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Back surgery, hip and knee replacements, and prostate removal were among the operations performed more often in rural Medicare patients, the study found. Emergency surgeries and elective operations alike were more common among rural residents.

The results seem to challenge the idea that city dwellers have better access to medical care, but experts say the research raises more questions than it answers.

“When I first saw the result, I looked at it and said maybe I got it backwards,” said lead author Dr. Mark Francis, a researcher at Texas Tech University Health Sciences Center in El Paso. The study doesn’t indicate where rural residents had surgery. It’s likely many had to travel some distance, which would be risky when urgent surgery is needed.

The study didn’t report on how the patients fared after their operations. Nor did it say whether rural residents had worse health overall than city dwellers, although some previous research has suggested that is generally true.


Case over anonymity at school nixed

HONOLULU — The U.S. Supreme Court has declined to hear a dispute over whether to identify students challenging a private school system’s admissions policy that gives preference to those of Hawaiian ancestry.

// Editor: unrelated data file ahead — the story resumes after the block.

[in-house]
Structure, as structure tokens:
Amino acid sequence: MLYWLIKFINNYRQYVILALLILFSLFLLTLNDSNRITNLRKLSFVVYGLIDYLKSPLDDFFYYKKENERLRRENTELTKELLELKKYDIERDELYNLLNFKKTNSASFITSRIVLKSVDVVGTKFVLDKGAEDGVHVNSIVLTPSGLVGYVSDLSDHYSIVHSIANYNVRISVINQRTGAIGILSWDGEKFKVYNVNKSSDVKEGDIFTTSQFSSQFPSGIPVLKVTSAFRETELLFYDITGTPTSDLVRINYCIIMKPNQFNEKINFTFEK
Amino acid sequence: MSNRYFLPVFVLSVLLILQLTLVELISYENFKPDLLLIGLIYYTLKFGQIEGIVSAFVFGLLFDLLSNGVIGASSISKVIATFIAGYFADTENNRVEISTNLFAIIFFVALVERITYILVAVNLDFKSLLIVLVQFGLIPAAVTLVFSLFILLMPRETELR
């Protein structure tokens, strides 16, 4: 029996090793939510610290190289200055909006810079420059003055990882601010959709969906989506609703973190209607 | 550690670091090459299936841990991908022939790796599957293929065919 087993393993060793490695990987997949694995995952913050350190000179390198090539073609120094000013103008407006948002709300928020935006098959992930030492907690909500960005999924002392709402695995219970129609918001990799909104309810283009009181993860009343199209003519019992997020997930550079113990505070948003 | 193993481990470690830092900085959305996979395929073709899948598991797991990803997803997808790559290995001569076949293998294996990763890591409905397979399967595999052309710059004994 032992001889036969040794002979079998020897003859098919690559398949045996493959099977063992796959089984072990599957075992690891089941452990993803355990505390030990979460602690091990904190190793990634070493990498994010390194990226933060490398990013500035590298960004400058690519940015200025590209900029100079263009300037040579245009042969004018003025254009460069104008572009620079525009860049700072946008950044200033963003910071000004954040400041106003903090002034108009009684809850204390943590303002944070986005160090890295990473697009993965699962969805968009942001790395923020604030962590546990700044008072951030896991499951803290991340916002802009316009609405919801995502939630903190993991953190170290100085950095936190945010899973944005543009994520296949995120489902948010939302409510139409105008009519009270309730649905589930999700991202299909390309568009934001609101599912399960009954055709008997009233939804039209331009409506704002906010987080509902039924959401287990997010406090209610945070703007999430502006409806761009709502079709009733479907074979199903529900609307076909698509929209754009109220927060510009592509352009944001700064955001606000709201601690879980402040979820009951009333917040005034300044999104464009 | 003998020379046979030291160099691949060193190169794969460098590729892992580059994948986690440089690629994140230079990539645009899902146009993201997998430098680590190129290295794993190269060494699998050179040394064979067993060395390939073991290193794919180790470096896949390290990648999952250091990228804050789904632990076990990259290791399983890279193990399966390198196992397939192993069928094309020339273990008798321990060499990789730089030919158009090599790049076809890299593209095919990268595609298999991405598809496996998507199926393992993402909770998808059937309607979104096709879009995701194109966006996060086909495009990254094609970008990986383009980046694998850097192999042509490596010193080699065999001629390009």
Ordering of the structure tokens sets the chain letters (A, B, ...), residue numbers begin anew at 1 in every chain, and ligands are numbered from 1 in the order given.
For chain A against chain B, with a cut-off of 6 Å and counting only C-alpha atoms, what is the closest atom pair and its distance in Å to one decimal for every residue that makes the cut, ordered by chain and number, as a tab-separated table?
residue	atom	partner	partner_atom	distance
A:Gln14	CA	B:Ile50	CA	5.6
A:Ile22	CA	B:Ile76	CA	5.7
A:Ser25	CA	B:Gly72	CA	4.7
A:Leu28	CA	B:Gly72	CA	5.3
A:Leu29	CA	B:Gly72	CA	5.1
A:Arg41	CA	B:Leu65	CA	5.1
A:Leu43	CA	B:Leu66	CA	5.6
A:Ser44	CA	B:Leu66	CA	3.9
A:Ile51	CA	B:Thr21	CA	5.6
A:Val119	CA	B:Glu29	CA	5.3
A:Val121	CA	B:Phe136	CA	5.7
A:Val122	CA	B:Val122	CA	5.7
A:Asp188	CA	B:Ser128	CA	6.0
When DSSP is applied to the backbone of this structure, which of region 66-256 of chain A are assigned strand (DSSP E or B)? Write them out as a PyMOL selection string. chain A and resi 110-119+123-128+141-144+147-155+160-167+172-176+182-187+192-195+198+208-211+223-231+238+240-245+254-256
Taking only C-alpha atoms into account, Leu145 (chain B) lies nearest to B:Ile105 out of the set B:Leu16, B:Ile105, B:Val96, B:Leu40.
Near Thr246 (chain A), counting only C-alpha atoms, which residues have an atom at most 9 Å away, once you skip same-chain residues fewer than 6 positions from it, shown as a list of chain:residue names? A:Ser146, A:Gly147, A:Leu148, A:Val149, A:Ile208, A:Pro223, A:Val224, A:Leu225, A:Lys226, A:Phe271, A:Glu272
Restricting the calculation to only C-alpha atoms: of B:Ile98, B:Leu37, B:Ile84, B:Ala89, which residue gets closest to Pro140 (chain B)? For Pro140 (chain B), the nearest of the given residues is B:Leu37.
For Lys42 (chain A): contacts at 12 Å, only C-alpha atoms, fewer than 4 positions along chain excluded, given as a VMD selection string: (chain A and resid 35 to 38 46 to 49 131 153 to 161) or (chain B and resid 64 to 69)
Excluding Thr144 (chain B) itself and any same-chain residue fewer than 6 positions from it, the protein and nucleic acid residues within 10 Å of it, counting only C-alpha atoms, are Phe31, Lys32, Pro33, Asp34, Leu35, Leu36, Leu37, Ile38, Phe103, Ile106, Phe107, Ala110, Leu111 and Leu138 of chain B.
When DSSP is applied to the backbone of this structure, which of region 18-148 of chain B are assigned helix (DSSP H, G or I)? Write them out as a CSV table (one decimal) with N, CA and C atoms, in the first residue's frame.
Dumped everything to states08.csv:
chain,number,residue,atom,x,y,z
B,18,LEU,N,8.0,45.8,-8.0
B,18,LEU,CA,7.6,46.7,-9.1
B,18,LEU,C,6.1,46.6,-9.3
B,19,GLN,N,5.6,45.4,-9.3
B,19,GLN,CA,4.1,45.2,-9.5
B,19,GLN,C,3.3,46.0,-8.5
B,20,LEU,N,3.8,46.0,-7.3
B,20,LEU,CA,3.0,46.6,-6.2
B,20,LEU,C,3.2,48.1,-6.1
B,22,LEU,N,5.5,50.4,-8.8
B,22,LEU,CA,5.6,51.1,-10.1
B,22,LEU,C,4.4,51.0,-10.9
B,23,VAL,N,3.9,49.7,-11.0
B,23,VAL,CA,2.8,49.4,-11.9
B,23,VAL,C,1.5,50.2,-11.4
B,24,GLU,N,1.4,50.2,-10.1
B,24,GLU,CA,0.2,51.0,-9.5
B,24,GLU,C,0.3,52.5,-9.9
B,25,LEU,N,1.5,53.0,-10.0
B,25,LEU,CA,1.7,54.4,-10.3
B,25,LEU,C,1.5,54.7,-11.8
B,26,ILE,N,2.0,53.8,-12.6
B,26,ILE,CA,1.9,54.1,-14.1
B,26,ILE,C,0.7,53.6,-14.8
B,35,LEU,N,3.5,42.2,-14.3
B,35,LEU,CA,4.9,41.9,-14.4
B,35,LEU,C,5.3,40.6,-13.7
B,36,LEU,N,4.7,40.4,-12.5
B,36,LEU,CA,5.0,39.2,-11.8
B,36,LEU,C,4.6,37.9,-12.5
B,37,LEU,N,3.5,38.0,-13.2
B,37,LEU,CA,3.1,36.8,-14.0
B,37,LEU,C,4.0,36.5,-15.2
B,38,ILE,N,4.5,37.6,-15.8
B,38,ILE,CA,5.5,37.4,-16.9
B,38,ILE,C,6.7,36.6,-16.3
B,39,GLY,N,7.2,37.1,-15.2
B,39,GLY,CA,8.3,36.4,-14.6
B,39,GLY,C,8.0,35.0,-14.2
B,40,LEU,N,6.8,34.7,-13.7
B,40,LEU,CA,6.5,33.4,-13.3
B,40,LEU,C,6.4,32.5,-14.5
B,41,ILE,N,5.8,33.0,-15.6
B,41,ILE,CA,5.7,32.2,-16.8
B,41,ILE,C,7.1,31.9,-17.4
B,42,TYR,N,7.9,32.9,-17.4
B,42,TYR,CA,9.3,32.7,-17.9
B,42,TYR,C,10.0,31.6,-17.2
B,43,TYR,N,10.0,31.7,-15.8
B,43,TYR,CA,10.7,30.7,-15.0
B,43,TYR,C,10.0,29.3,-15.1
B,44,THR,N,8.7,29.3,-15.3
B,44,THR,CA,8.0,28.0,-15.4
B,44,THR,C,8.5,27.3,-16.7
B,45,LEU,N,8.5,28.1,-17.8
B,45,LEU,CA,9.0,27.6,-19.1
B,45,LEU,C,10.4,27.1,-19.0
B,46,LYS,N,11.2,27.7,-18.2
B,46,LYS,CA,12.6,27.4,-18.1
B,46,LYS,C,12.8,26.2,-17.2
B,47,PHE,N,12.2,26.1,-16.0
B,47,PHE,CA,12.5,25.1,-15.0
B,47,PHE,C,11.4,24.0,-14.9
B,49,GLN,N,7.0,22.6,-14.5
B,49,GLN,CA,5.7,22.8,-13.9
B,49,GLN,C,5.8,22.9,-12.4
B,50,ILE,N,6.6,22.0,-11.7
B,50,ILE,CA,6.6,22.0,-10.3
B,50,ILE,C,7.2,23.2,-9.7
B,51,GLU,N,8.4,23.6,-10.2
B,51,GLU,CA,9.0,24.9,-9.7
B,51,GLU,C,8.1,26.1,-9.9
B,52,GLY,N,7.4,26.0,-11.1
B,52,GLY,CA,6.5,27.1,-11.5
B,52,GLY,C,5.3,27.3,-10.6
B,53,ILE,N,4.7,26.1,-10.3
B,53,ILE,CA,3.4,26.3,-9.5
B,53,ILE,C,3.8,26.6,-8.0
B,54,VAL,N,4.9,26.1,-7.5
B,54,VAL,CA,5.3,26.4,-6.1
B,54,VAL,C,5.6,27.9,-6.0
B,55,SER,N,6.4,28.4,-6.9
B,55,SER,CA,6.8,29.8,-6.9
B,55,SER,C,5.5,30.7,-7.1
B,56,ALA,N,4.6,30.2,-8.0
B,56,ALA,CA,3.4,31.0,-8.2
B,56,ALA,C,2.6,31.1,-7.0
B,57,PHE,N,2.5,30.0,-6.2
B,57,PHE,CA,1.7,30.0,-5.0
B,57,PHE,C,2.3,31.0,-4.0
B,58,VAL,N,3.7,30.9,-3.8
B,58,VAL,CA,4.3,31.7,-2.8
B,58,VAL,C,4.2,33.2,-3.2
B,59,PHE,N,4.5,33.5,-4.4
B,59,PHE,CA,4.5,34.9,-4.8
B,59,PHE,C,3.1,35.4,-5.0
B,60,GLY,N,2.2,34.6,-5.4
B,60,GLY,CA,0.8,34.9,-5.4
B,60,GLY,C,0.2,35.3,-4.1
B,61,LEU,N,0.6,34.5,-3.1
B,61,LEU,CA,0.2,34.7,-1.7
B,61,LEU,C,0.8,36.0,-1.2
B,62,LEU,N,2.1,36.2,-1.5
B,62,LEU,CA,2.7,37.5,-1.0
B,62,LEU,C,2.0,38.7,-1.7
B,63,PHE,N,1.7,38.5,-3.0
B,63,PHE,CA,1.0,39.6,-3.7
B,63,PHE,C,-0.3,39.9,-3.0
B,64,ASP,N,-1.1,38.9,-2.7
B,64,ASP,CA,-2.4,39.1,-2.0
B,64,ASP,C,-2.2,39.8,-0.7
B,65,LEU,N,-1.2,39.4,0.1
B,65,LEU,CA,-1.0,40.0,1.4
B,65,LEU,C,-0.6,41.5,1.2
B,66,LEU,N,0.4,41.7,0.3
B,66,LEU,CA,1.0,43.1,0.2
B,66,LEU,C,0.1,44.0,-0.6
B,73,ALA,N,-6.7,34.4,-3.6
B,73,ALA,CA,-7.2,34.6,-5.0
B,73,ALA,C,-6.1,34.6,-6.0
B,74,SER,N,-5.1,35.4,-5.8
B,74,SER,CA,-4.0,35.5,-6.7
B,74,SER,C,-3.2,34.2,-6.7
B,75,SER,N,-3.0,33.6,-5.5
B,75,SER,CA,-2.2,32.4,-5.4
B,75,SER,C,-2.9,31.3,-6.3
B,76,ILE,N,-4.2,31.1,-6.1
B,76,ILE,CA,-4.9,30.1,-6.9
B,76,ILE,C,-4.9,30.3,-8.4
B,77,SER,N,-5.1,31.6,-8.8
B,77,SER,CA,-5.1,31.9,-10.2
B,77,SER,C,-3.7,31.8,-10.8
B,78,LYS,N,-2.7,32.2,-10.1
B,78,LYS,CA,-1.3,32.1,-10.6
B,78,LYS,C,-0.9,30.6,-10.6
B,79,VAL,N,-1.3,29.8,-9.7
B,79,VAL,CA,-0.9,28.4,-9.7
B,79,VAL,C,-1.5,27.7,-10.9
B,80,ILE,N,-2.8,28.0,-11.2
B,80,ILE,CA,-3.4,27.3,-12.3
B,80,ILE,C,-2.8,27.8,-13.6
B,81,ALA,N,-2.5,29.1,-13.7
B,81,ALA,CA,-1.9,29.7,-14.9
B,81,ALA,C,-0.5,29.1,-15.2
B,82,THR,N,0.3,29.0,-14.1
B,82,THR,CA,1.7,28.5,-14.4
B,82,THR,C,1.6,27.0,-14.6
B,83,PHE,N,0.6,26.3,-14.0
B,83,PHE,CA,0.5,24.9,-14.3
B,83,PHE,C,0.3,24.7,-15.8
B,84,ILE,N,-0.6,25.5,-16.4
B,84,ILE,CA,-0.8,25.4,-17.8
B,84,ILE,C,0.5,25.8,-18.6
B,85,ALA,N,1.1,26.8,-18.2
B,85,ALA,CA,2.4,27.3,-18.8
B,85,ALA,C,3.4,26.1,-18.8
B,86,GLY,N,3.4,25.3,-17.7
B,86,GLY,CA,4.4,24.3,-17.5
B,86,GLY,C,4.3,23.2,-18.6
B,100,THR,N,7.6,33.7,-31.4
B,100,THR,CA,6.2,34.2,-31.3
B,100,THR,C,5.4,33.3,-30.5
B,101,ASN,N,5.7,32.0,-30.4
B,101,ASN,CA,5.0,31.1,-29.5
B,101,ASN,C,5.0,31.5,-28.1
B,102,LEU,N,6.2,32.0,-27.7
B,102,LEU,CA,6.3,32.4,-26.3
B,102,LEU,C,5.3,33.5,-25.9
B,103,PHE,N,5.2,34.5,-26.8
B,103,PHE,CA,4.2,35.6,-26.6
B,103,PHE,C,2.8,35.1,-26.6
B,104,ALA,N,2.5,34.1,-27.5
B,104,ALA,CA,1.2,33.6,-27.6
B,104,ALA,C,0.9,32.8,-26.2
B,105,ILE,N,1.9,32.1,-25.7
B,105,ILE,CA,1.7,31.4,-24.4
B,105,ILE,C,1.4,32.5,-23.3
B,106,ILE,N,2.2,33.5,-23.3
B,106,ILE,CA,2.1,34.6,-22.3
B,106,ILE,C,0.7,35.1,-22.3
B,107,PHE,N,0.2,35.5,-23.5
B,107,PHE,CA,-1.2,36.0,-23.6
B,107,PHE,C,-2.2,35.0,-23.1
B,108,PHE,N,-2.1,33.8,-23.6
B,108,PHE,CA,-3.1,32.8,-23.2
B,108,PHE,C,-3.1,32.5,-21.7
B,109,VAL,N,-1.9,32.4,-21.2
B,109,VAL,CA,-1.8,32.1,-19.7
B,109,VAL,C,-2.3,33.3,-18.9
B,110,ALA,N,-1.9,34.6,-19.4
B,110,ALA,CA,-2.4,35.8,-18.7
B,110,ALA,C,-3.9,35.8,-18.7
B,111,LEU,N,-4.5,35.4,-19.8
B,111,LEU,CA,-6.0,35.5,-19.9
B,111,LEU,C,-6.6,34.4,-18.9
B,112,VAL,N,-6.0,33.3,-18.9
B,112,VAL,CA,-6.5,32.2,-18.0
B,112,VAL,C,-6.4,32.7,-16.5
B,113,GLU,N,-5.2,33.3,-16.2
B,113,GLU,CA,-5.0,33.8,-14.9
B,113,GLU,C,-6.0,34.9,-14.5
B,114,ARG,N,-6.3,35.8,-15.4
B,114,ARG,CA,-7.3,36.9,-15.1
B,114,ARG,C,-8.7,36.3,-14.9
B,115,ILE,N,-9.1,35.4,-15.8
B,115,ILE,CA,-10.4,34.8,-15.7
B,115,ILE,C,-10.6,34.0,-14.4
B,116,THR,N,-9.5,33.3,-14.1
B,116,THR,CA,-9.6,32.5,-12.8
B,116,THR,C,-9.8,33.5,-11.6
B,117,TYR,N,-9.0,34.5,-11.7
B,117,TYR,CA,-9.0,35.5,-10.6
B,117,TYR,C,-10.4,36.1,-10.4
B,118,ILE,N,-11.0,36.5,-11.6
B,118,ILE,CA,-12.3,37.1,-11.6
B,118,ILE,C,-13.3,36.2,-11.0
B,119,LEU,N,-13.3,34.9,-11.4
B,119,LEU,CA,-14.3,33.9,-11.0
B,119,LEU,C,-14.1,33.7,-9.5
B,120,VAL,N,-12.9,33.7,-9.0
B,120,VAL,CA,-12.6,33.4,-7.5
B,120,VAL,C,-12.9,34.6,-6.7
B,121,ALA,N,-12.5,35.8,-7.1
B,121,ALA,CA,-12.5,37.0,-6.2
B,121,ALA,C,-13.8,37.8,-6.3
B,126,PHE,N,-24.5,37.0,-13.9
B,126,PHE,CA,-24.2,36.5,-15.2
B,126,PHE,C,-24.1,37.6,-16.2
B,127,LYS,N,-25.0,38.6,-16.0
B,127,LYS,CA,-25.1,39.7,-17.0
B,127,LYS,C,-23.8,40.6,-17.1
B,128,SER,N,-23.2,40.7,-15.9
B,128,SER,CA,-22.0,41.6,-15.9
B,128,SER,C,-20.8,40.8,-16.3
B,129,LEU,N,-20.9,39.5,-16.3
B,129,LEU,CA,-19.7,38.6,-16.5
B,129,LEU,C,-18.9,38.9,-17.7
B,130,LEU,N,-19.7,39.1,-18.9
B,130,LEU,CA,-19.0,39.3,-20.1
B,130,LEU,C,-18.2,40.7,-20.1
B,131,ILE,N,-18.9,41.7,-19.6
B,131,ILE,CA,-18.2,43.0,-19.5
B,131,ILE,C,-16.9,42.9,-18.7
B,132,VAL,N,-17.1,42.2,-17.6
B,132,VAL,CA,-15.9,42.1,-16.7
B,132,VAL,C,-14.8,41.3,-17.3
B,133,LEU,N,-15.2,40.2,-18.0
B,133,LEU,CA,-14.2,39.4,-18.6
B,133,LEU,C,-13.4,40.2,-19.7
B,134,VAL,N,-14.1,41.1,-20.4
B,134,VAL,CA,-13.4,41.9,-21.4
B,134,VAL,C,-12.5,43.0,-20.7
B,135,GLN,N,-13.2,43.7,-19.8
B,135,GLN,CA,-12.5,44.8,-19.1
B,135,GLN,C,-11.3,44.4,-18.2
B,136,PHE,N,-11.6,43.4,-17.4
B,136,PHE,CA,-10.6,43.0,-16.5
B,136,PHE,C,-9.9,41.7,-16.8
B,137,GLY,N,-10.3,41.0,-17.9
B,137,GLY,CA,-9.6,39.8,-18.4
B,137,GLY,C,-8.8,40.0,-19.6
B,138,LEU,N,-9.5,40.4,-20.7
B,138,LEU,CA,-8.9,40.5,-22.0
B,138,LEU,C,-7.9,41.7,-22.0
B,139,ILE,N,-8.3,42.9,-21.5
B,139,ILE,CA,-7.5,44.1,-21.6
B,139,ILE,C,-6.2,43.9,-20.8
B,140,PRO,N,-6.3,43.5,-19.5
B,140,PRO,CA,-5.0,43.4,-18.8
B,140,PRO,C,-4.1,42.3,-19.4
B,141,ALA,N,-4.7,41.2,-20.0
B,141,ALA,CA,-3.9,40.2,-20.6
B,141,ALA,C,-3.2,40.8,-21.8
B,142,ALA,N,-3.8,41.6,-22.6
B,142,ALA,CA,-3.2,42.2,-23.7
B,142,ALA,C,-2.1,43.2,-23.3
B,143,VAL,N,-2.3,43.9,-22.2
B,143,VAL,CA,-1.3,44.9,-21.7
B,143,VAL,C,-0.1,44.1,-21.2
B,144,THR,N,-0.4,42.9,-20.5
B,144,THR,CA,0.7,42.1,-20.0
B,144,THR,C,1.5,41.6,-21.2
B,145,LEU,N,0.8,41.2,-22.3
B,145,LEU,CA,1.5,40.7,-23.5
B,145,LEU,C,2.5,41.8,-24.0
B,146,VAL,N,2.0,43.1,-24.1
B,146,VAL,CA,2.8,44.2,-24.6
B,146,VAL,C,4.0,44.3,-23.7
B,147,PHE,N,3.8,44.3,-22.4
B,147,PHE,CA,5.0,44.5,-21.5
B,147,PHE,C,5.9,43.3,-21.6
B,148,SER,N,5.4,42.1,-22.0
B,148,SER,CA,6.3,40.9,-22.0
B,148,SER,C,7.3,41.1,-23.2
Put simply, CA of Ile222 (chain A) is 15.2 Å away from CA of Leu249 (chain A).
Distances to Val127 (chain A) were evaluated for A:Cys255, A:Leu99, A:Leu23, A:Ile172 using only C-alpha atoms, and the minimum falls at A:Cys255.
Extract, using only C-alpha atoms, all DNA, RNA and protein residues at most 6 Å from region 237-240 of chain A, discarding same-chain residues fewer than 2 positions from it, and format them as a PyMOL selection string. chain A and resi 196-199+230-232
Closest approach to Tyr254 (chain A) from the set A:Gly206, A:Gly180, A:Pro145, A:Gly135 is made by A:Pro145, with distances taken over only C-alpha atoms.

The court on Monday left in place lower court rulings against four non-Hawaiian students who object to the Kamehameha Schools’ policy.

The challengers, who applied for admission to Kamehameha in the 2008-09 school year, wanted to file their lawsuit anonymously because of concerns about public humiliation and retaliation if they were identified. It wasn’t immediately clear Monday if their names would be released; an attorney for the students previously said they likely would drop the suit if they couldn’t remain anonymous.

The students contended in their lawsuit that the private school system’s preference for Native Hawaiians is at odds with federal civil rights laws. Only a few non-Hawaiians have ever been admitted to Kamehameha Schools.

The system teaches preschool through 12th grade and operates several campuses on Oahu, Maui and the Big Island.


Sahara hotel-casino closes on Vegas Strip

LAS VEGAS — The venerable Sahara hotel-casino on the Las Vegas Strip, where Elvis Presley stayed while filming “Viva Las Vegas” and the Beatles stayed when they performed in Sin City, dealt to its final gamblers and checked out its last guests Monday after six decades.

Visitors streamed through the casino before officials planned to shut the doors at 2 p.m., picking up souvenirs at a near-empty gift shop, playing $10 blackjack and visiting with dealers and bartenders one last time.

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